Climate

New Bern experiences a humid subtropical climate typical of the Atlantic coastal plain. Summers are hot and humid, with frequent afternoon thunderstorms that account for much of the higher summer precipitation. Spring and fall are generally mild, with fall foliage occurring from late October to early November. Winters are relatively mild and drier than the remainder of the year, with infrequent snowfall.

Climate data for New Bern, North Carolina (Coastal Carolina Regional Airport), 1991–2020 normals, extremes 1948–present
Month Jan Feb Mar Apr May Jun Jul Aug Sep Oct Nov Dec Year
Record high °F (°C) 82
(28)
88
(31)
92
(33)
95
(35)
100
(38)
105
(41)
106
(41)
103
(39)
101
(38)
97
(36)
87
(31)
83
(28)
106
(41)
Mean maximum °F (°C) 75.1
(23.9)
77.0
(25.0)
82.5
(28.1)
87.3
(30.7)
92.0
(33.3)
95.8
(35.4)
96.7
(35.9)
95.8
(35.4)
91.8
(33.2)
86.9
(30.5)
80.6
(27.0)
75.6
(24.2)
97.8
(36.6)
Mean daily maximum °F (°C) 55.1
(12.8)
58.5
(14.7)
64.9
(18.3)
73.6
(23.1)
80.4
(26.9)
86.7
(30.4)
89.6
(32.0)
87.9
(31.1)
83.1
(28.4)
74.9
(23.8)
65.6
(18.7)
58.5
(14.7)
73.2
(22.9)
Daily mean °F (°C) 44.5
(6.9)
47.1
(8.4)
53.2
(11.8)
61.8
(16.6)
69.5
(20.8)
77.0
(25.0)
80.4
(26.9)
78.9
(26.1)
74.2
(23.4)
64.2
(17.9)
54.2
(12.3)
47.7
(8.7)
62.7
(17.1)
Mean daily minimum °F (°C) 33.8
(1.0)
35.8
(2.1)
41.5
(5.3)
49.9
(9.9)
58.7
(14.8)
67.2
(19.6)
71.2
(21.8)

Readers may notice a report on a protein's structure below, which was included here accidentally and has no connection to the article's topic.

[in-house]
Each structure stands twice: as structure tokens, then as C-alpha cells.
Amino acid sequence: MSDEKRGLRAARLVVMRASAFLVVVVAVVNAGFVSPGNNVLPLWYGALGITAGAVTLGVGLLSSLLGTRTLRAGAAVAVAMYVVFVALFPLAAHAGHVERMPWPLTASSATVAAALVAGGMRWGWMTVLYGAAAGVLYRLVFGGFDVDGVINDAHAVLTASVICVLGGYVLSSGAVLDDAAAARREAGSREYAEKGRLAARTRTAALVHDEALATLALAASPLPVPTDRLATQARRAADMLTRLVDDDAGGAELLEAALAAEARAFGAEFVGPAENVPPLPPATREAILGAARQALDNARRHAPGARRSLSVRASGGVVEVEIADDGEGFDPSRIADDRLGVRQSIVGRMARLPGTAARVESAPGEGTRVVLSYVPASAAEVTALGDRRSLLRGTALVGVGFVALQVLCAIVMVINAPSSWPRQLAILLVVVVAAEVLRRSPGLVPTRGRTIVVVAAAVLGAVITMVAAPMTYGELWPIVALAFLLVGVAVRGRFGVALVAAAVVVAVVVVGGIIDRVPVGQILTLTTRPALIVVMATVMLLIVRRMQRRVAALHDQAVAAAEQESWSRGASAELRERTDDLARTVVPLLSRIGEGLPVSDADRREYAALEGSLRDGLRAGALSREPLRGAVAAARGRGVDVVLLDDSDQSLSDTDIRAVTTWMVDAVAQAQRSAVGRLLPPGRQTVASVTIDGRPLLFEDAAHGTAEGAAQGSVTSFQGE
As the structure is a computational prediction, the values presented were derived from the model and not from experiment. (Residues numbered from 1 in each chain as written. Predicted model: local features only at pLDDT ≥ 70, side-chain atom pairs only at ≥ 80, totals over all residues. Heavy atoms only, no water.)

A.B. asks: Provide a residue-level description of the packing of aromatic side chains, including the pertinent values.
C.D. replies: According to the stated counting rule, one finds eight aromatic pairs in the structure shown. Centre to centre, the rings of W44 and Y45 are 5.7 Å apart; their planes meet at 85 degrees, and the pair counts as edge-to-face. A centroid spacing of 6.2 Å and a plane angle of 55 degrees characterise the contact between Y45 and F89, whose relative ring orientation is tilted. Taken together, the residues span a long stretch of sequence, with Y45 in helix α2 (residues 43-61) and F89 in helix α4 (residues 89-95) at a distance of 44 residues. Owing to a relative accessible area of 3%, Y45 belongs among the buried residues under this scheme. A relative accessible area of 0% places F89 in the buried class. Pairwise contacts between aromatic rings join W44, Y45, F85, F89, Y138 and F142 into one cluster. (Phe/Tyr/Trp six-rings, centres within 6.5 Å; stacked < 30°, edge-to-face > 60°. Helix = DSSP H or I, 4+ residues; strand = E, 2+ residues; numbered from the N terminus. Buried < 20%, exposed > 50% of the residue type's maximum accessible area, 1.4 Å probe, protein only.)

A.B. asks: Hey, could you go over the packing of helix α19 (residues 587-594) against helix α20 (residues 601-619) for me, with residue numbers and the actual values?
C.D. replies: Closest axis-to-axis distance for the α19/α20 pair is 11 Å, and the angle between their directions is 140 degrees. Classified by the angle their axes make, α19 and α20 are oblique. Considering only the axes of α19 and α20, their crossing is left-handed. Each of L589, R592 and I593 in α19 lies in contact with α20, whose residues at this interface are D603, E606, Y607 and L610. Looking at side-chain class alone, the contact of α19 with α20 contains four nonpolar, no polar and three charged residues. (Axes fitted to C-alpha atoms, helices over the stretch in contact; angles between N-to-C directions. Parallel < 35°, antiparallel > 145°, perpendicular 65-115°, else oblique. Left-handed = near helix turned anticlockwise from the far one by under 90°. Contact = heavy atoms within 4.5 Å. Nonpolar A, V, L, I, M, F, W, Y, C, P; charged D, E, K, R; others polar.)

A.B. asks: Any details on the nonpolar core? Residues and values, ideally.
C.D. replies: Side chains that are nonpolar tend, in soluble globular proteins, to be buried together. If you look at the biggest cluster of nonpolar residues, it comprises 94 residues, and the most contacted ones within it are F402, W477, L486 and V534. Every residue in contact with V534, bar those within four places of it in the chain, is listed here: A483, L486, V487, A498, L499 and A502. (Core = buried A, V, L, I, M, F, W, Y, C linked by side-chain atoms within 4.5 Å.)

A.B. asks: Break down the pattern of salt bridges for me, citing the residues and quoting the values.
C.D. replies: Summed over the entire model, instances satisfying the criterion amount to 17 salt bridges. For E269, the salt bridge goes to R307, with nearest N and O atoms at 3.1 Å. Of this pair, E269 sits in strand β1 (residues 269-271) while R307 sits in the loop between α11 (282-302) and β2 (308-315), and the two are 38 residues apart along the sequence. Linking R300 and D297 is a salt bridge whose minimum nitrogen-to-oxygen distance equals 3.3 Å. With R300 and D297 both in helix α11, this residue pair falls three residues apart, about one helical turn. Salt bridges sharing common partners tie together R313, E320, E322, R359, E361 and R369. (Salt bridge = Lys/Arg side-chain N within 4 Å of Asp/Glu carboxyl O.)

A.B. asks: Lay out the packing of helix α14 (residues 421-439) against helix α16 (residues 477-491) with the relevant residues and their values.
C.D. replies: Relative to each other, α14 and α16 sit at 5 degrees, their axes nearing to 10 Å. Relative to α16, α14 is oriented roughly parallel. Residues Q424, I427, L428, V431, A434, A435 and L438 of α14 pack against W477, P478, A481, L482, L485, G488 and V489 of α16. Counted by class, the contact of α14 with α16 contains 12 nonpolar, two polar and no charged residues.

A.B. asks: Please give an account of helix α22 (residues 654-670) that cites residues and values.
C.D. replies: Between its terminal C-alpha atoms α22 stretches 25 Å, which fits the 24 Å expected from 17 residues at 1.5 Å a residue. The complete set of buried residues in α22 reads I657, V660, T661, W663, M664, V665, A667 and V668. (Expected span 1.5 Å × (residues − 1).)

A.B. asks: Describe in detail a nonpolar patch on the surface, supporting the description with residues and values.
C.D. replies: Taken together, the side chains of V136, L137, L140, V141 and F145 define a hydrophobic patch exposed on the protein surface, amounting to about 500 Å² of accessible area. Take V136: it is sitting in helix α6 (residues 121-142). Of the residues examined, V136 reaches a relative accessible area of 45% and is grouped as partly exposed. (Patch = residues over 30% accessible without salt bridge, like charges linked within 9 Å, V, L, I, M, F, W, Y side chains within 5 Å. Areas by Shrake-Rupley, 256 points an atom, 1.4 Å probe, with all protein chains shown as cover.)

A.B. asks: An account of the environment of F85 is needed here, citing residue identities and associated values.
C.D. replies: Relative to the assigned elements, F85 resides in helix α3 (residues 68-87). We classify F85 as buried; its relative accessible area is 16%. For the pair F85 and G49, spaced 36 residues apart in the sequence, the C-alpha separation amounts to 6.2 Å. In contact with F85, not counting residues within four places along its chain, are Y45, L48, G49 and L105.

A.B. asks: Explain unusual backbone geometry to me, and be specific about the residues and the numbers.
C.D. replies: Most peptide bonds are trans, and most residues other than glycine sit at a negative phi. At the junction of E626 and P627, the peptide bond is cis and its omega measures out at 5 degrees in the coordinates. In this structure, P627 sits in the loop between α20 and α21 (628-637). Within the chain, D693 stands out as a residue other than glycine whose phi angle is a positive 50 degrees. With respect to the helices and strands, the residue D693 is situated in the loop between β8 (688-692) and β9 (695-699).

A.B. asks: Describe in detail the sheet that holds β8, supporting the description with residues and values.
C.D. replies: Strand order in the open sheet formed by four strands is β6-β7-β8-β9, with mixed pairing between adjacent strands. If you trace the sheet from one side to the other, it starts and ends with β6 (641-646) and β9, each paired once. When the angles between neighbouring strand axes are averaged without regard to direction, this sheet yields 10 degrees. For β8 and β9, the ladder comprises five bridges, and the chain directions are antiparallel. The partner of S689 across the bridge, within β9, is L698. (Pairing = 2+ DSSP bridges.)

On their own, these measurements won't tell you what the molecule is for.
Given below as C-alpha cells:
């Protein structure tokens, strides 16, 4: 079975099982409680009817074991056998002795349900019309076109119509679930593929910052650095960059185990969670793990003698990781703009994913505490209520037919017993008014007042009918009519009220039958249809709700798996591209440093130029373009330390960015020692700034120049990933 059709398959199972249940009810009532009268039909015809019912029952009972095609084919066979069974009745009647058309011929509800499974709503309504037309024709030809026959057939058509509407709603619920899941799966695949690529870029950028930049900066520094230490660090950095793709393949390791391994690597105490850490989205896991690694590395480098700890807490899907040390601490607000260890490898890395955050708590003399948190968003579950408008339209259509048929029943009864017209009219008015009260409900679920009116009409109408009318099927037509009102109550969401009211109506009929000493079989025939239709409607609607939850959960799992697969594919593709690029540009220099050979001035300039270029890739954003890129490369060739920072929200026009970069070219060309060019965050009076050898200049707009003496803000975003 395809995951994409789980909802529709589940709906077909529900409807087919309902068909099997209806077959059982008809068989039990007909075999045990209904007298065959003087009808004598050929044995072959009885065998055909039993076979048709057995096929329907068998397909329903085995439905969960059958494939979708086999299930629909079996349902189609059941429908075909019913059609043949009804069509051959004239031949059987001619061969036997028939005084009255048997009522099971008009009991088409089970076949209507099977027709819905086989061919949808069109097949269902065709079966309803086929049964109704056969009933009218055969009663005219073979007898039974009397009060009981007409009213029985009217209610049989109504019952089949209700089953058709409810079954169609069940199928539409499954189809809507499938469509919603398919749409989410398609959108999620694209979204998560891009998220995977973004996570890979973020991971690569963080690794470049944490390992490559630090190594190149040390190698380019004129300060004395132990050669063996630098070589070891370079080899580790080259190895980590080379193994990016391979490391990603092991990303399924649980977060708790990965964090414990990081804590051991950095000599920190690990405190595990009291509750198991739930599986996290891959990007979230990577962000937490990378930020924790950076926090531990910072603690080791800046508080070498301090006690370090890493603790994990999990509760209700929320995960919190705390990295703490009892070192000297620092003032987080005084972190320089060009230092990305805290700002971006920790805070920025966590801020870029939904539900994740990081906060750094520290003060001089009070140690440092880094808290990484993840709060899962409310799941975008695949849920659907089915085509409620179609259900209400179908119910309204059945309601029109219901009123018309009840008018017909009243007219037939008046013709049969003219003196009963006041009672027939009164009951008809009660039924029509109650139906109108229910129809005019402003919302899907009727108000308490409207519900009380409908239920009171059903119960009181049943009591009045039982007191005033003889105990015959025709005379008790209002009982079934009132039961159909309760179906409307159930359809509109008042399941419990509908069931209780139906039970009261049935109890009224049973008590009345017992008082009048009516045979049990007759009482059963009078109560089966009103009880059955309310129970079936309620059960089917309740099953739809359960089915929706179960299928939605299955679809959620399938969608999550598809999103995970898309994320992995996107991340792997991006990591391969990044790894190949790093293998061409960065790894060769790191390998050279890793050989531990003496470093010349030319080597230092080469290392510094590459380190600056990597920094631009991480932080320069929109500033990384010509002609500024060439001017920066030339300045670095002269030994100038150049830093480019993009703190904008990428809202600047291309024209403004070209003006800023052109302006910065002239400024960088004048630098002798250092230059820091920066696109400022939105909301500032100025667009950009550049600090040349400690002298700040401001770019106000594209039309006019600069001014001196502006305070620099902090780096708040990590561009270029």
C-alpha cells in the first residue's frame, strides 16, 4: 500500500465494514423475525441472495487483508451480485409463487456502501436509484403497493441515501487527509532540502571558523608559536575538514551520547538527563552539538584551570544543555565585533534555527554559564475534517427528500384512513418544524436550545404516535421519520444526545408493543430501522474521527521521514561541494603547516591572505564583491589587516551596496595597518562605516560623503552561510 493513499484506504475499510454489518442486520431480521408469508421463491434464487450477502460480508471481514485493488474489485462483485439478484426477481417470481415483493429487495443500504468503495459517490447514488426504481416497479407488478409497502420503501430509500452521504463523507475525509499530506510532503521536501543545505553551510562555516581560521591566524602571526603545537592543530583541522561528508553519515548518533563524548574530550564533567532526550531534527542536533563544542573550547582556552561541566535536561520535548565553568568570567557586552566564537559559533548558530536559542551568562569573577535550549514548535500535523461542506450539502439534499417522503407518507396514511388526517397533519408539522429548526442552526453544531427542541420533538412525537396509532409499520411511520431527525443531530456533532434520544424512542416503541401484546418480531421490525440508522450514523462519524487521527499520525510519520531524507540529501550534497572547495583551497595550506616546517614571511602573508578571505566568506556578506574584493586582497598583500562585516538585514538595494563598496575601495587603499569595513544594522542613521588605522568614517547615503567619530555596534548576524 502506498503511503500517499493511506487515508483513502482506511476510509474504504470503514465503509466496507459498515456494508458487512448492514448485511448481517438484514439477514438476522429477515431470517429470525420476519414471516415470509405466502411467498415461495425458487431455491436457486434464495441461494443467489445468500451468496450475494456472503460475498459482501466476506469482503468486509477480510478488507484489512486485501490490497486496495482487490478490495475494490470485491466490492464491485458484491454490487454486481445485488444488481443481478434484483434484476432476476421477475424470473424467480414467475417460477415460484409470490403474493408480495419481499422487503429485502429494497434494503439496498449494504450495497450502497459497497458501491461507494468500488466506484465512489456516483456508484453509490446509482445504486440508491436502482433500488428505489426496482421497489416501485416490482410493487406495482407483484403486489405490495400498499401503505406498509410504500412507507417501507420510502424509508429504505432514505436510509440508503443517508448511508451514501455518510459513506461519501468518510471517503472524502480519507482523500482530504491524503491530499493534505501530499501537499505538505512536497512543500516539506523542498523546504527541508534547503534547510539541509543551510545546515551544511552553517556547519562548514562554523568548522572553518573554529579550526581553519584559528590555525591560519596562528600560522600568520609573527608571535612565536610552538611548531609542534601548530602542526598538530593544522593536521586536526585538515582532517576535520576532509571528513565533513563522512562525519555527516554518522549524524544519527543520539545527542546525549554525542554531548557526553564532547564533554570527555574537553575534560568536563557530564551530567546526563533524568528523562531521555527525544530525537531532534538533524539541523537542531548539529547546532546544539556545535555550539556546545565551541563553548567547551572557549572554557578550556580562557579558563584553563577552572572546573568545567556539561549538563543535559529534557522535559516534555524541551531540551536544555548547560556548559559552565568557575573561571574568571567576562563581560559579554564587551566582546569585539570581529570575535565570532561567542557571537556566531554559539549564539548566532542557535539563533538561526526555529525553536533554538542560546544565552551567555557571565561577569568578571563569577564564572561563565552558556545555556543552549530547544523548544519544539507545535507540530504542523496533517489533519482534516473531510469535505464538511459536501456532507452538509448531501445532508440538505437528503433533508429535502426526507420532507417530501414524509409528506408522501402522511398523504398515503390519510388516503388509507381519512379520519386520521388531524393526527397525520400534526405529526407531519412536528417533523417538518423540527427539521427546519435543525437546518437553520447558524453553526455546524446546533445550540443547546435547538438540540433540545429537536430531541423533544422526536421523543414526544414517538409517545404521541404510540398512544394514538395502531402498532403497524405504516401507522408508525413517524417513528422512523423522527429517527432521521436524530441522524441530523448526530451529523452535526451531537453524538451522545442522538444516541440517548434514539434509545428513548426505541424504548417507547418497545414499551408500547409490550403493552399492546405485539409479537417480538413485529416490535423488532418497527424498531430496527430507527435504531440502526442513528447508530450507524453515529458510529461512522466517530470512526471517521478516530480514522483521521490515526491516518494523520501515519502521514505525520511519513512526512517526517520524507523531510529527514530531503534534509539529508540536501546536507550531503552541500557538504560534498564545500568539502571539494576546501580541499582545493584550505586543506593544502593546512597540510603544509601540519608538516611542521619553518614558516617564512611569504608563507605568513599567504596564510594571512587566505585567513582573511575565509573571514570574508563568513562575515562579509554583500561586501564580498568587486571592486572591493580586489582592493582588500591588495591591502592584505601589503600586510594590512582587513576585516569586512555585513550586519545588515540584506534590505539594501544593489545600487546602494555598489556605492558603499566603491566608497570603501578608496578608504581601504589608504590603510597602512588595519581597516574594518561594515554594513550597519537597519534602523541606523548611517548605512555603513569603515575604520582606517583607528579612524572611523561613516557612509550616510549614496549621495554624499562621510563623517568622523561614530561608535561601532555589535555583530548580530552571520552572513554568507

70.0
(21.1)
65.2
(18.4)
53.5
(11.9)
42.8
(6.0)
36.9
(2.7)
52.2
(11.2)
Mean minimum °F (°C) 17.6
(−8.0)
21.5
(−5.8)
25.9
(−3.4)
35.2
(1.8)
46.1
(7.8)
56.5
(13.6)
63.6
(17.6)
62.8
(17.1)
54.4
(12.4)
38.0
(3.3)
27.7
(−2.4)
22.5
(−5.3)
16.1
(−8.8)
Record low °F (°C) 1
(−17)
6
(−14)
16
(−9)
29
(−2)
32
(0)
44
(7)
55
(13)
50
(10)
43
(6)
26
(−3)
17
(−8)
−4
(−20)
−4
(−20)
Average precipitation inches (mm) 3.89
(99)
3.32
(84)
3.85
(98)
3.18
(81)
4.25
(108)
4.60
(117)
6.26
(159)
6.81
(173)
6.33
(161)
3.56
(90)
3.33
(85)
3.63
(92)
53.01
(1,346)
Average snowfall inches (cm) 0.3
(0.76)
0.3
(0.76)
0.0
(0.0)
0.1
(0.25)
0.0
(0.0)
0.0
(0.0)
0.0
(0.0)
0.0
(0.0)
0.0
(0.0)
0.0
(0.0)
0.0
(0.0)
0.9
(2.3)
1.5
(3.8)
Average precipitation days (≥ 0.01 in) 10.2 9.6 10.0 8.9 10.6 11.5 13.6 13.6 11.1 8.8 8.3 10.8 127.0
Average snowy days (≥ 0.1 in) 0.1 0.1 0.0 0.1 0.0 0.0 0.0 0.0 0.0 0.0 0.0 0.2 0.5
Source: NOAA (snow 1981–2010)[18][19][20]

Demographics

Historical population
CensusPop.Note
18002,467
18203,663
18303,7963.6%
18403,690−2.8%
18504,68126.9%
18605,43216.0%
18705,8497.7%
18806,44310.2%
18907,84321.7%
19009,09015.9%
19109,9619.6%
192012,19822.5%
193011,981−1.8%
194011,815−1.4%
195015,81233.8%
196015,717−0.6%
197014,660−6.7%
198014,557−0.7%
199017,36319.3%
200023,12833.2%
201029,52427.7%
202031,2916.0%
U.S. Decennial Census[21]

2020 census

New Bern racial composition[22]
Race Number Percentage
White (non-Hispanic) 17,281 55.23%
Black or African American (non-Hispanic) 8,281 26.46%
Native American 86 0.27%
Asian 2,035 6.5%
Pacific Islander 23 0.07%
Other/Mixed 1,483 4.74%
Hispanic or Latino 2,102 6.72%

As of the 2020 United States census, there were 31,291 people, 13,757 households, and 8,070 families residing in the city.

2012